Thailand corporate income tax is a part of the Thai law that heavily regulates and monitors corporate companies; this is work performed by the Revenue Department. In Thailand, a law under the Revenue Code of Thailand provides for Corporate Income Tax (CIT) to be imposed on both Thai and foreign companies.
Thailand Revenue Code
Should one wish to conduct business in Thailand, they will be governed by the Thai Revenue Code. This is the body of tax law that codifies procedures regarding tax assessment, the collection of revenue taxes, personal and corporate income tax, value-added tax and tax liability, specific business tax, and stamp duty.
Corporate Tax and Juslaws & Consult
The Juslaws & Consult corporate tax department can advise your company on how to comply with the tax regulation that exists. If you have established a business in Thailand, you have to note how a Thai company is defined. A Thai company is defined as one that has been incorporated under the laws of Thailand. A Foreign company has been incorporated under foreign law but conducts business in Thailand. When a Foreign company does not conduct business in Thailand but derives income from Thailand, it is also subject to Corporate Income Tax (CIT) under the Revenue Code.
Corporate Income Tax on these types of income is based on gross income, where net profit is taken into account to allow companies established under Thai law to be subject to Corporate Income Tax on their net profits from worldwide sources. The net profits of Thai-sourced income of foreign companies are also subject to CIT.
According to the Revenue Department of Thailand, the following are the taxable persons who may be charged to pay the CIT:
1.1 A company or a juristic partnership incorporated under Thai law.
1.2 A company or a juristic partnership incorporated under foreign law
1.2.1 A company or juristic partnership incorporated under foreign laws and carrying on business in Thailand.
1.2.2 A company or juristic partnership incorporated under foreign laws and carrying on business in other places, including Thailand.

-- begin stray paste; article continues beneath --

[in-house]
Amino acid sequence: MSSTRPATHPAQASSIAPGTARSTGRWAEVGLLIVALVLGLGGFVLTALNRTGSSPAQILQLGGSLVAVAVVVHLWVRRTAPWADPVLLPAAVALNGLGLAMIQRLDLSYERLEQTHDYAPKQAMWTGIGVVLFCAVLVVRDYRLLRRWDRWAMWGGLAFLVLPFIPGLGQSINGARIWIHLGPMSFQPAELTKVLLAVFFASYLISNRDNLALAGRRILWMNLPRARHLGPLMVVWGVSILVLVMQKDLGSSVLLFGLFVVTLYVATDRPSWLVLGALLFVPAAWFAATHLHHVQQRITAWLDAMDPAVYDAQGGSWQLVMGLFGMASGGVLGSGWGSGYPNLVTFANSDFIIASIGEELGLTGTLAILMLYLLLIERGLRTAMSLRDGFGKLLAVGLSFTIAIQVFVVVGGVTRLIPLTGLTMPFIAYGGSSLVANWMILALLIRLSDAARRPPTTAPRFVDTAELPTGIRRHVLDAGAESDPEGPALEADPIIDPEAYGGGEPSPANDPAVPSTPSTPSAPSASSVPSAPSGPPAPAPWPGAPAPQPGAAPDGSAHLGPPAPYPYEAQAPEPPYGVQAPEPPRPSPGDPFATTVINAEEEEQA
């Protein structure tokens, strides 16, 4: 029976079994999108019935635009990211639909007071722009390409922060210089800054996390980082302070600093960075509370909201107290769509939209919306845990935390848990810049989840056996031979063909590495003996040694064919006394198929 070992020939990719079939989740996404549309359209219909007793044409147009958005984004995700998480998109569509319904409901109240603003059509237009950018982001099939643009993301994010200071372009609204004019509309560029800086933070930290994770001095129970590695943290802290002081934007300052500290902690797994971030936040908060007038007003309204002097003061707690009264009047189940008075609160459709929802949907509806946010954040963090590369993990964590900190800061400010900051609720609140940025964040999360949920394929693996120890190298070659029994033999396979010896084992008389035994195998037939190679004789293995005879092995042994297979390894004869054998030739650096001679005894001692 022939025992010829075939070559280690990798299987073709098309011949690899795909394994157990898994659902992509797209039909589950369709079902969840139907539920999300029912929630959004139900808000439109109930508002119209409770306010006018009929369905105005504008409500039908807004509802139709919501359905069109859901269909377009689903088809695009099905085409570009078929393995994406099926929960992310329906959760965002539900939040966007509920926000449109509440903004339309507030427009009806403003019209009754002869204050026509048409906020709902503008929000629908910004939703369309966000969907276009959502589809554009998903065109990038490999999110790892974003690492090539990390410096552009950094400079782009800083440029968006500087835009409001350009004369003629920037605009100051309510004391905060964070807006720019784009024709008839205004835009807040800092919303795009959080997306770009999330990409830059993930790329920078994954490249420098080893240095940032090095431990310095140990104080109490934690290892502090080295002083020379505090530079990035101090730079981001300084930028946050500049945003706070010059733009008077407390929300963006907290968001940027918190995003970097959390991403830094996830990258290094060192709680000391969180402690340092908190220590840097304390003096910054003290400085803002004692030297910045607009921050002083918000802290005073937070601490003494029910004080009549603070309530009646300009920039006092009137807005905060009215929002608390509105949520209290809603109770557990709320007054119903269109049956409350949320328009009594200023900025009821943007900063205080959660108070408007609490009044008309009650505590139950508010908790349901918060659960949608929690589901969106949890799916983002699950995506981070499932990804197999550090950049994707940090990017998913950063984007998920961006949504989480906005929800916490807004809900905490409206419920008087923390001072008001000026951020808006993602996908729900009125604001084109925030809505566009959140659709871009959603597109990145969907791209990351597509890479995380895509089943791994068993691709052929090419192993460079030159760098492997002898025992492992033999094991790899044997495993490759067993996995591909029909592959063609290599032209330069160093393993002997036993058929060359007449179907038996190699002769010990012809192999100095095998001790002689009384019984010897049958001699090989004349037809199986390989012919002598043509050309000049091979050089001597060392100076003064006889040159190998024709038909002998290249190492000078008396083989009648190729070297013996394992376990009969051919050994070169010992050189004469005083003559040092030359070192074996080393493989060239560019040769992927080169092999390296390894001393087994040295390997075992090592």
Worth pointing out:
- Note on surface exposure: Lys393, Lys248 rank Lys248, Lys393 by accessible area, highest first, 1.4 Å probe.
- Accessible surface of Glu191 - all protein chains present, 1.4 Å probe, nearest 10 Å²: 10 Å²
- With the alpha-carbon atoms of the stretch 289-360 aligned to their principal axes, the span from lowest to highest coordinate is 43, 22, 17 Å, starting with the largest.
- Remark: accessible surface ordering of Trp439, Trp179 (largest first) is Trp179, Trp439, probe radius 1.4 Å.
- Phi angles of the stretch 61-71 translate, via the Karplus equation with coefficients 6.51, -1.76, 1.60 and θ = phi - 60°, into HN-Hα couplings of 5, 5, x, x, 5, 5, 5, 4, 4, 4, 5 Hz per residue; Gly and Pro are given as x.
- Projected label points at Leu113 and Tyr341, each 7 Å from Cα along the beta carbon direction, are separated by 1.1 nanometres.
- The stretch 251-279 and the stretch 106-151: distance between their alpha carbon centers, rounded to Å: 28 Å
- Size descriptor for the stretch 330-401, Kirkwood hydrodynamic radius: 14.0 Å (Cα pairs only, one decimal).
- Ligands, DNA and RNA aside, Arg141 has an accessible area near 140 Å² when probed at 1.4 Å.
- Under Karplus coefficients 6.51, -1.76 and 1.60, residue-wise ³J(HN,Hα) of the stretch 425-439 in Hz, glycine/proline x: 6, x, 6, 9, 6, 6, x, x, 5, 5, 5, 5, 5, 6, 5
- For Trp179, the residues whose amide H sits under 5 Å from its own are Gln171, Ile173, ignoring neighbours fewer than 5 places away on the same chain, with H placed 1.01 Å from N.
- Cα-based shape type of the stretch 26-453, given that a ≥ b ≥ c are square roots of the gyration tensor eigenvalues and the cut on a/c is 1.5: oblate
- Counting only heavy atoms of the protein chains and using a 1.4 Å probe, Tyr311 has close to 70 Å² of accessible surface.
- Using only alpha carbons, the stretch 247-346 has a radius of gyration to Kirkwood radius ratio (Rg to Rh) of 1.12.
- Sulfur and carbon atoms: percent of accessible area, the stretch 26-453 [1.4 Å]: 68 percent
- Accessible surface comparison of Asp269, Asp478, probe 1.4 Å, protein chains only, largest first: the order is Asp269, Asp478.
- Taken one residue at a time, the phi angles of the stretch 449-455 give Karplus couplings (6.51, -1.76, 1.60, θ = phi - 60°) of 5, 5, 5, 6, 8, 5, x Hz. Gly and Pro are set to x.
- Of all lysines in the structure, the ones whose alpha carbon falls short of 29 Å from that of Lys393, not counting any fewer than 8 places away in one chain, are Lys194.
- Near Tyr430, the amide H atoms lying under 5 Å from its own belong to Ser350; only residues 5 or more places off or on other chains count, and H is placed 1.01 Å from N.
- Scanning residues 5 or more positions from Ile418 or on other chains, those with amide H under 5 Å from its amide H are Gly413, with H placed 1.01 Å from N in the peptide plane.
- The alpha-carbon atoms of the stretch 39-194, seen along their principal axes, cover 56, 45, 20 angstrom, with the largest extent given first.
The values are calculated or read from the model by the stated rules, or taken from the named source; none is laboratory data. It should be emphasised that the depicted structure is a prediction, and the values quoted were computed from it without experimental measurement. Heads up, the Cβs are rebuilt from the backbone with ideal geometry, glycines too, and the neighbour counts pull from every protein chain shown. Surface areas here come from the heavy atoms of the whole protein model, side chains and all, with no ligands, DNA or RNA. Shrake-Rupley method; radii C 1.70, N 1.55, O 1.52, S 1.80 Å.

1.2.3 A company or juristic partnership incorporated under foreign laws and carrying on business in other places, including Thailand, in case of carriage of goods or carriage of passengers
1.2.4 A company or juristic partnership incorporated under foreign laws has an employee, an agent, or a go-between for carrying on business in Thailand and, as a result, receives income or profits in Thailand.
1.2.5 A company or juristic partnership incorporated under foreign laws and not carrying on business in Thailand but receiving assessable income under Section 40 (2)(3)(4)(5) or (6) which is paid from or in Thailand.
1.3 A business operating in a commercial or profitable manner by a foreign government, organization of a foreign government, or any other juristic person established under a foreign law.
1.4 Joint venture
1.5 A foundation or association carrying on revenue-generating business, but does not include the foundation or association as prescribed by the Minister in accordance with Section 47 (7) (b) under Revenue Code.
An accounting period exists as an amount of time that is established that allows for the operations of accounting to be completed and assessed. In addition, the accounting period helps with investment processes as it allows prospective shareholders to investigate a company's performance before any further investment.
An accounting period shall be twelve months, including a calendar or fiscal year, except in the following cases where it may be less than twelve months:
Newly incorporated company or juristic partnership
This structure may elect to use the period from its incorporation date as the first accounting period to anyone. A company or juristic partnership may file a request to the Director-General to change the last day of an accounting period.
Any day in the accounting period and income from several sources can be subject to tax. For instance, the sale of goods not exceeding THB 30 million are subject to their own Thailand corporate tax rate:
According to the revenue department, the corporate Income Tax rate is typically 20 percent, although reduced tax rates and exemptions apply, depending on various factors. These factors include the type of business, the amount of registered capital, tax holiday availability, whether the company is listed on the Stock Exchange of Thailand, and if it is a regional operating headquarters. The Thai Law requires two corporate tax returns to be filed each year. A company faces penalties for filing a late return, failing to file a tax return, or filing a return that contains false or inadequate information.
Corporate Income Tax
Juslaws & Consults' lawyers have extensive knowledge of Corporate Income Tax Laws in Thailand and experience providing tax planning advice and services to businesses in Thailand. We have a dedicated team of professionals who can assist you with either filing or providing consultation on how you can manage your CIT or even Personal Income Tax (PIT).
The services of Juslaws & Consult are not limited to the Corporate Income Tax (CIT) service. We offer many other legal services, including accounting and taxation services. If you require additional information on any of our Taxation services, please do not hesitate to contact us.